Well, for one, the closest analog to Wiz Khalifa’s stoner affect is Snoop Dogg, the early years. (The two have collaborated before, though not here.) But Snoop had menace in his rhymes, and a slithery voice that seeped into the crevasses of a beat. By contrast, Wiz Khalifa is by far the most enunciative rapper of the day, his stolid verses served with flat affect and sitting atop the beats, rigid and square.
For someone so relaxed, he certainly sounds at odds with much of this album; even the warm, enveloping production, primarily by ID Labs, doesn’t loosen up his stiff flow at all.
But in the second half of the album, Wiz Khalifa allows himself to be disrupted. The production becomes more varied — the loose disco-esque drums on No Limit, or the sturm-und-drang R&B on Remember You (a collaboration with the Weeknd) — and in response, he sounds energized, bounding around like someone whose high has worn off. He’s paying attention, and it shows.
— JON CARAMANICA, NY Times News Service
Lifehouse, ALMERIA, Geffen
Unblinking reassurance in the face of a nominal struggle: that’s the gist of most songs by Lifehouse, an inoffensively sure-footed alternative-rock band from Los Angeles. The cover illustration of its sixth studio album, Almeria, depicts the stare-down preceding a gun duel at 40 paces or so: a coolly stylized nod to the spaghetti Westerns for which Almeria, the Andalusian port city, is justly known. The suggestion is that Lifehouse, an operation that long ago found its working formula, has regrouped with a new starkness; that the stakes are somehow higher, and the payoff more grimly satisfying, than before.
But Almeria, which was produced by Jude Cole and recorded in Box Canyon, California, has little of the grit or tension of its chosen premise. What the album does deliver is a gentle retooling of the Lifehouse sound, a few notches further from its post-grunge roots and a few clicks closer to the earnest, soaring fare finding traction on modern-rock radio.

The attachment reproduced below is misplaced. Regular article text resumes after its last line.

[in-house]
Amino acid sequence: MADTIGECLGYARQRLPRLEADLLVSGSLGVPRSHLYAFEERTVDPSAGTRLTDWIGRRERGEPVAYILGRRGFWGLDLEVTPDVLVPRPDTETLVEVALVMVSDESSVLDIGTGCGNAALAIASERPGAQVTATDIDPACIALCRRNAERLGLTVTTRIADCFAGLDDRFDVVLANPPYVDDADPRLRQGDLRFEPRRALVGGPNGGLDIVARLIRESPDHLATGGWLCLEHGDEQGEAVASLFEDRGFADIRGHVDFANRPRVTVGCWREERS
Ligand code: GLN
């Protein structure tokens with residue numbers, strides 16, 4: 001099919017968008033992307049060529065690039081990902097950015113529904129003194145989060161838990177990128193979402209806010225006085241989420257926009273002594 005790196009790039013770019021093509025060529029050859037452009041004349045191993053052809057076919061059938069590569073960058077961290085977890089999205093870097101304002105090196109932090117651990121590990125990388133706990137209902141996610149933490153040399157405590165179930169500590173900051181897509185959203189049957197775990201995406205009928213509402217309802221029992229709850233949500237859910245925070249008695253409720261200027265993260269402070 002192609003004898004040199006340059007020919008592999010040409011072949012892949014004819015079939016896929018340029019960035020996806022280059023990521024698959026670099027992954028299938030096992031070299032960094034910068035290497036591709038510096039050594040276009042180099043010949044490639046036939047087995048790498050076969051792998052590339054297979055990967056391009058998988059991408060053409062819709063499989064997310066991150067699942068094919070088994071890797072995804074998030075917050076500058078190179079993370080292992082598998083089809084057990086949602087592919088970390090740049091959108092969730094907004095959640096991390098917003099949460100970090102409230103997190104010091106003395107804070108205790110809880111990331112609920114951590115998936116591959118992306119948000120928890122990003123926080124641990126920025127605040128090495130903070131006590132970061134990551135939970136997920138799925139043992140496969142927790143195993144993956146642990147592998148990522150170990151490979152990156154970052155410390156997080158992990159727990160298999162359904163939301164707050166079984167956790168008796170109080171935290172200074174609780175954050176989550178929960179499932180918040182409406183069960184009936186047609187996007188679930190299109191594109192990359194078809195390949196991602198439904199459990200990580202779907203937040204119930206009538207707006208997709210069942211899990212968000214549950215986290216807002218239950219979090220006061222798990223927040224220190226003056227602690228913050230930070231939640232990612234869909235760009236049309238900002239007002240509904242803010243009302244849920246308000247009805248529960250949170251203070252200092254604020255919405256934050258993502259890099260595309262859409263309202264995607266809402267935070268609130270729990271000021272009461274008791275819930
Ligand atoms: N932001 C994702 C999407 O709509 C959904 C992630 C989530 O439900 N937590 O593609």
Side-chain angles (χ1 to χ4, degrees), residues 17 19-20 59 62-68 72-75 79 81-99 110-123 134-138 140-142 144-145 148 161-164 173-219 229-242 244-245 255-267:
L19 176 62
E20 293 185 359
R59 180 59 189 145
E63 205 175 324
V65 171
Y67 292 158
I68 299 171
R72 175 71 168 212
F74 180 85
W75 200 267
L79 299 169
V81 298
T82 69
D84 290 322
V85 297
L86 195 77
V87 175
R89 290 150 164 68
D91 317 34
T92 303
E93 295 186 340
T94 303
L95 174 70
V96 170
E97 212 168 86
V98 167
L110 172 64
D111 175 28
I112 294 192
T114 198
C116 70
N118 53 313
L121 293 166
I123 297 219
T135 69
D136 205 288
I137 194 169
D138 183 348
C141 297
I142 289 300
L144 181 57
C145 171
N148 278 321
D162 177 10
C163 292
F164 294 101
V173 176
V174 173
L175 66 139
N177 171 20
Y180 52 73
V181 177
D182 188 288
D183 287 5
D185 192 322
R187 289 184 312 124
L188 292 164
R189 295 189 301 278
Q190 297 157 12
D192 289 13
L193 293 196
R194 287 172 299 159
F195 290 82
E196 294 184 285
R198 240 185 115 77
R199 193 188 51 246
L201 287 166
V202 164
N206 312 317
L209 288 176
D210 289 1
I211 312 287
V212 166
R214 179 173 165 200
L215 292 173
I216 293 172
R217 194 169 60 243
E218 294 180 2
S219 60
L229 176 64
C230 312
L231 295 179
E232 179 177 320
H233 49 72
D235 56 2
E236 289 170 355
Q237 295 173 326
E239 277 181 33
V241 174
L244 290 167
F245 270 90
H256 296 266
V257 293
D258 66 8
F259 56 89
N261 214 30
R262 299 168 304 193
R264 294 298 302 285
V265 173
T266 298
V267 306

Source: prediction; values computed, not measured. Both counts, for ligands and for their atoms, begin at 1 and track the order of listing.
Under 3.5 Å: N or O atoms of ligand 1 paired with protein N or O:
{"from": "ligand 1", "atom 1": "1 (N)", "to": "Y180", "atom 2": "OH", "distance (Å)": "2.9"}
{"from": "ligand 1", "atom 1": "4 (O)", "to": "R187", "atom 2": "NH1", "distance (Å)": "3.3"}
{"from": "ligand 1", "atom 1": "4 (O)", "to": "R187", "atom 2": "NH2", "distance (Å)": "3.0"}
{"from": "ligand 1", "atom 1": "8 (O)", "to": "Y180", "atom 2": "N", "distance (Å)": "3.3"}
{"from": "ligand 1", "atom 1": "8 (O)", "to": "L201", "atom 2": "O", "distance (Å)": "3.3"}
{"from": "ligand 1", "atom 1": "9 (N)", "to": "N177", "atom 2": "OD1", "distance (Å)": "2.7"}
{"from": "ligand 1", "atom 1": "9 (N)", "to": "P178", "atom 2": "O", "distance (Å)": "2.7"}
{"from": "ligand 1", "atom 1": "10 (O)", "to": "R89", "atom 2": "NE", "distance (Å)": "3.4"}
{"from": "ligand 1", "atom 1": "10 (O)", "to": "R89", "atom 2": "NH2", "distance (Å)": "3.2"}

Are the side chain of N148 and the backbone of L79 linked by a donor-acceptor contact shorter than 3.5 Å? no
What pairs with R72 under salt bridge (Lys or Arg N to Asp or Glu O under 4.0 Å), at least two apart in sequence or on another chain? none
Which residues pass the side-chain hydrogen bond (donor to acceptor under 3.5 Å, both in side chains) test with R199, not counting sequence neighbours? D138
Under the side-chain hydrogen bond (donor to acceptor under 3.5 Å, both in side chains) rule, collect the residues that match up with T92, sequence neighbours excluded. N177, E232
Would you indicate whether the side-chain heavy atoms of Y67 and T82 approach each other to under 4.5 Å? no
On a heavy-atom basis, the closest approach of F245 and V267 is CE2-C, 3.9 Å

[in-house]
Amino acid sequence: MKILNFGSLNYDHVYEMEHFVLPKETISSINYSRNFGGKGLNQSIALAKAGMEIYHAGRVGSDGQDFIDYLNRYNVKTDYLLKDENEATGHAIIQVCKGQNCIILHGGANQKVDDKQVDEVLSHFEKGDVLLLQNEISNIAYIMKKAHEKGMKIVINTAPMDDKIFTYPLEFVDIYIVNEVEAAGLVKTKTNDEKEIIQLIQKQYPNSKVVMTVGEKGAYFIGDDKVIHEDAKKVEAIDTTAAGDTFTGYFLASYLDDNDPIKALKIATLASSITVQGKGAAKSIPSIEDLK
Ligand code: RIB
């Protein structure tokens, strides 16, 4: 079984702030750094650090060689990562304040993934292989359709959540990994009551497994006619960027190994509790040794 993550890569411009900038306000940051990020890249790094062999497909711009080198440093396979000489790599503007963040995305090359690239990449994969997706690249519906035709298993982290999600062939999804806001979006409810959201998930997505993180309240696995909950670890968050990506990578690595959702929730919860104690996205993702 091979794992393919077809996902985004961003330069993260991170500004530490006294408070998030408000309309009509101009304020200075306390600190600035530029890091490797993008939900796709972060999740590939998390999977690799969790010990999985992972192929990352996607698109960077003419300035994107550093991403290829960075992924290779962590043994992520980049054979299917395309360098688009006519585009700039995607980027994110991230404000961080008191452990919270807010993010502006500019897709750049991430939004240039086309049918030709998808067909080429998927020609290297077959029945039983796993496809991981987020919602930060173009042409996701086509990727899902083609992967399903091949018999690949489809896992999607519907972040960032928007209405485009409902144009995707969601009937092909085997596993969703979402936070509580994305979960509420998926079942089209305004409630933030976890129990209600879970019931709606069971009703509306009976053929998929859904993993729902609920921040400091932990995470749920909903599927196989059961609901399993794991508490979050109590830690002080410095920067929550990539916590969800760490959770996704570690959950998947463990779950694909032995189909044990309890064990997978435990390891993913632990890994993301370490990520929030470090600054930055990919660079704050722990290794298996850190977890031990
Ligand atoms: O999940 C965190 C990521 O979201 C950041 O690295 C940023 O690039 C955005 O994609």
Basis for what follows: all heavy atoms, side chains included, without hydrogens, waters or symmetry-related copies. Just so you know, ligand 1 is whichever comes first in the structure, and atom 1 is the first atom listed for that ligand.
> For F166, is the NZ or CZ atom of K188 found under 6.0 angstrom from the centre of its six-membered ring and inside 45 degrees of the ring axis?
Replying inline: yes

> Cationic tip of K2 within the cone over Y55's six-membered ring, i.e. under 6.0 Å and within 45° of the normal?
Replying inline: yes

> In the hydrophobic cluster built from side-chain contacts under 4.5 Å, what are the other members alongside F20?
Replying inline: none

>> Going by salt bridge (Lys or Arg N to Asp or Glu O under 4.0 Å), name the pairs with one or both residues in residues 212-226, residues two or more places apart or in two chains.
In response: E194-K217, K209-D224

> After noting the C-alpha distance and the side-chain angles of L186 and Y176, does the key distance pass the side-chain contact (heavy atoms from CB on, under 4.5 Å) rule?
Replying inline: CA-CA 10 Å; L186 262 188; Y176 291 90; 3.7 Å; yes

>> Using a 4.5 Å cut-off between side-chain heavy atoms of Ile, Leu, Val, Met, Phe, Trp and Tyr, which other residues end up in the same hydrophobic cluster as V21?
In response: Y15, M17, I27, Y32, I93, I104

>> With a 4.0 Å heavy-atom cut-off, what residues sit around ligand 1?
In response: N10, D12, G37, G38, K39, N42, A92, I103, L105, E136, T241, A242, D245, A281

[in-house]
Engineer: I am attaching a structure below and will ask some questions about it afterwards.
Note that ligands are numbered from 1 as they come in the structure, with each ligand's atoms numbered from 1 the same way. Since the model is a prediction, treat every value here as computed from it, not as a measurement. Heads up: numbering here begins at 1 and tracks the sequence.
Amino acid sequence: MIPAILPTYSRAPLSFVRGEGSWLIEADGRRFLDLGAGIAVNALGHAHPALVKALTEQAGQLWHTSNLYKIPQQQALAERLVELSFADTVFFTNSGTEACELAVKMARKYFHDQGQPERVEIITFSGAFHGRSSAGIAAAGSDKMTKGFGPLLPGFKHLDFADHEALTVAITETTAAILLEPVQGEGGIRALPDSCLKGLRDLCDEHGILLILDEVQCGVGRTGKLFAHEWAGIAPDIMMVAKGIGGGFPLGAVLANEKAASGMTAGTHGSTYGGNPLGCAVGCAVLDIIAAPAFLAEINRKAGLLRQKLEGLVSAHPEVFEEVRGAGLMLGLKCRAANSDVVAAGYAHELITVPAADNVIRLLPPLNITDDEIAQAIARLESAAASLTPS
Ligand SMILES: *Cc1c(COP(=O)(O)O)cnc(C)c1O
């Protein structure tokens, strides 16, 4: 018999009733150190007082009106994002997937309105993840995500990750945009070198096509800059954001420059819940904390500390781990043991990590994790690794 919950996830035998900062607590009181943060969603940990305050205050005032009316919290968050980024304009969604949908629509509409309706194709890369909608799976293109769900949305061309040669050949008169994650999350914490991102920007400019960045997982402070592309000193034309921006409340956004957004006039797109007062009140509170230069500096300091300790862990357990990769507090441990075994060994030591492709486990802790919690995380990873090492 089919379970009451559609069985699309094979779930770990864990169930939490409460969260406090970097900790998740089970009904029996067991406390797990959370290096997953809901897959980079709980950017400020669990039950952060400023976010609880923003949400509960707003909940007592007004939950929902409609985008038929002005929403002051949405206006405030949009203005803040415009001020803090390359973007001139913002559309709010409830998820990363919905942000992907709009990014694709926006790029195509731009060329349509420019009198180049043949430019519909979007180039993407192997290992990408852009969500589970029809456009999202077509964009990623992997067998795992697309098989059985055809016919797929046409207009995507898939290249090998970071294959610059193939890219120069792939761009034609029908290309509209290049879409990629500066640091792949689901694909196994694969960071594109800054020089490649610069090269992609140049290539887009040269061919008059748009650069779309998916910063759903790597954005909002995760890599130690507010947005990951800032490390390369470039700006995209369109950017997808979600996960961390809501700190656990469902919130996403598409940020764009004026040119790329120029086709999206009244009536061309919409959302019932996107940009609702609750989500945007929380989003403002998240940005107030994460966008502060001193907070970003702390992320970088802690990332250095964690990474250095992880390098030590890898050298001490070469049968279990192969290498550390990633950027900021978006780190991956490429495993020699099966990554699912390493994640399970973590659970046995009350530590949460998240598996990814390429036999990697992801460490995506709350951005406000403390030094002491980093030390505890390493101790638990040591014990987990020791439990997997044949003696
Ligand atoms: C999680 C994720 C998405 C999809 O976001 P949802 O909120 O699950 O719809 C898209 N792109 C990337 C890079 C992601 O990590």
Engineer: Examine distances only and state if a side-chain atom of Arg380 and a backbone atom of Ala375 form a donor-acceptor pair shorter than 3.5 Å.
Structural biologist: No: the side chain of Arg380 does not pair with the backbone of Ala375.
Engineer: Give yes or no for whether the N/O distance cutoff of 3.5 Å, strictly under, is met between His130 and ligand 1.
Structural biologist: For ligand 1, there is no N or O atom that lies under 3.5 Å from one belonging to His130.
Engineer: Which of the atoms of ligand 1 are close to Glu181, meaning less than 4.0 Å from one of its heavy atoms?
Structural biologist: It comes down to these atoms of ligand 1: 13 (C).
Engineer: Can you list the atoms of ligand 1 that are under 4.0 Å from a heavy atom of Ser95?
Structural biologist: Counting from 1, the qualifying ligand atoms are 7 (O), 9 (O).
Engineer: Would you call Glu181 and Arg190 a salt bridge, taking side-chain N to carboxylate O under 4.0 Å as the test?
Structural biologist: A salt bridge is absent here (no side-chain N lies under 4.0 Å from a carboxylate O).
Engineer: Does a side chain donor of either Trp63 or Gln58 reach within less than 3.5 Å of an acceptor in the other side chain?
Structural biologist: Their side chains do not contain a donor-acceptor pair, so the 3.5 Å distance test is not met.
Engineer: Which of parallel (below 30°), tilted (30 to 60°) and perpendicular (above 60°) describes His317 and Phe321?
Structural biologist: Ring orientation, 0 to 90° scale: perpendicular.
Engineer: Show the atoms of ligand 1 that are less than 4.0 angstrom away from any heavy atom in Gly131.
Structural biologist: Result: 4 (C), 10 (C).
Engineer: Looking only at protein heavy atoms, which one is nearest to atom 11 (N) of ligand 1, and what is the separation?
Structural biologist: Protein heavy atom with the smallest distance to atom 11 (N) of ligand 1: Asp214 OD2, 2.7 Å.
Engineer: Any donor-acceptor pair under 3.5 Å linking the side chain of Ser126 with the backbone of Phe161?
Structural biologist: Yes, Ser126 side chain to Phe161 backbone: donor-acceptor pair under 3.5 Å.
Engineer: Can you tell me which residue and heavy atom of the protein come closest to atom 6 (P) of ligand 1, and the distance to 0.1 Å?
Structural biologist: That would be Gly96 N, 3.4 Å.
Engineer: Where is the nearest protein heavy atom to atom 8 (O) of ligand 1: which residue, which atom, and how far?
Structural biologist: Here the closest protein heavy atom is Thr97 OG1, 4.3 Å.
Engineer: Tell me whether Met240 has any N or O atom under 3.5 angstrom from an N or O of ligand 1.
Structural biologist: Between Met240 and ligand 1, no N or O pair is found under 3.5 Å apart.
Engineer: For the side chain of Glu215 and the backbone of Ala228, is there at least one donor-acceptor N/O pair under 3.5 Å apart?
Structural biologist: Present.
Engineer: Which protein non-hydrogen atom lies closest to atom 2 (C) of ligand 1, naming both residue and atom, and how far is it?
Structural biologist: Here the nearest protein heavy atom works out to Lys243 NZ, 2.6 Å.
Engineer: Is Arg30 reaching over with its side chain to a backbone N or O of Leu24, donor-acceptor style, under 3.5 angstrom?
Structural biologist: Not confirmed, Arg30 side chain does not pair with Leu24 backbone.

Jason Wade, Lifehouse’s lead singer, has always been a sturdy purveyor of melody, though rarely a distinctive one; when his voice conveys strain, it tends to feel like a calculated risk. One indication of his current mind-set can be found in this album’s lead single, Between the Raindrops, which features a guest vocal by Natasha Bedingfield: it’s imperturbably peppy, despite its suggestion of cloud cover.
Some other songs pay amiable lip service to hardship, as metaphors for relationship turmoil: Barricade is about the walls we build, and Pins & Needles is about being strung along. “The worst is far behind us now,” Wade promises on Aftermath, a piano ballad fortified with military drums and a gospel choir.
The rest of the band — the guitarist Ben Carey, the bassist Bryce Soderberg and the drummer Rick Woolstenhulme Jr. — locks down on a solid but fairly anonymous competence throughout the album. When Peter Frampton shows up with his Les Paul guitar on Right Back Home, his easy heat and plangency marks him as an alien life form.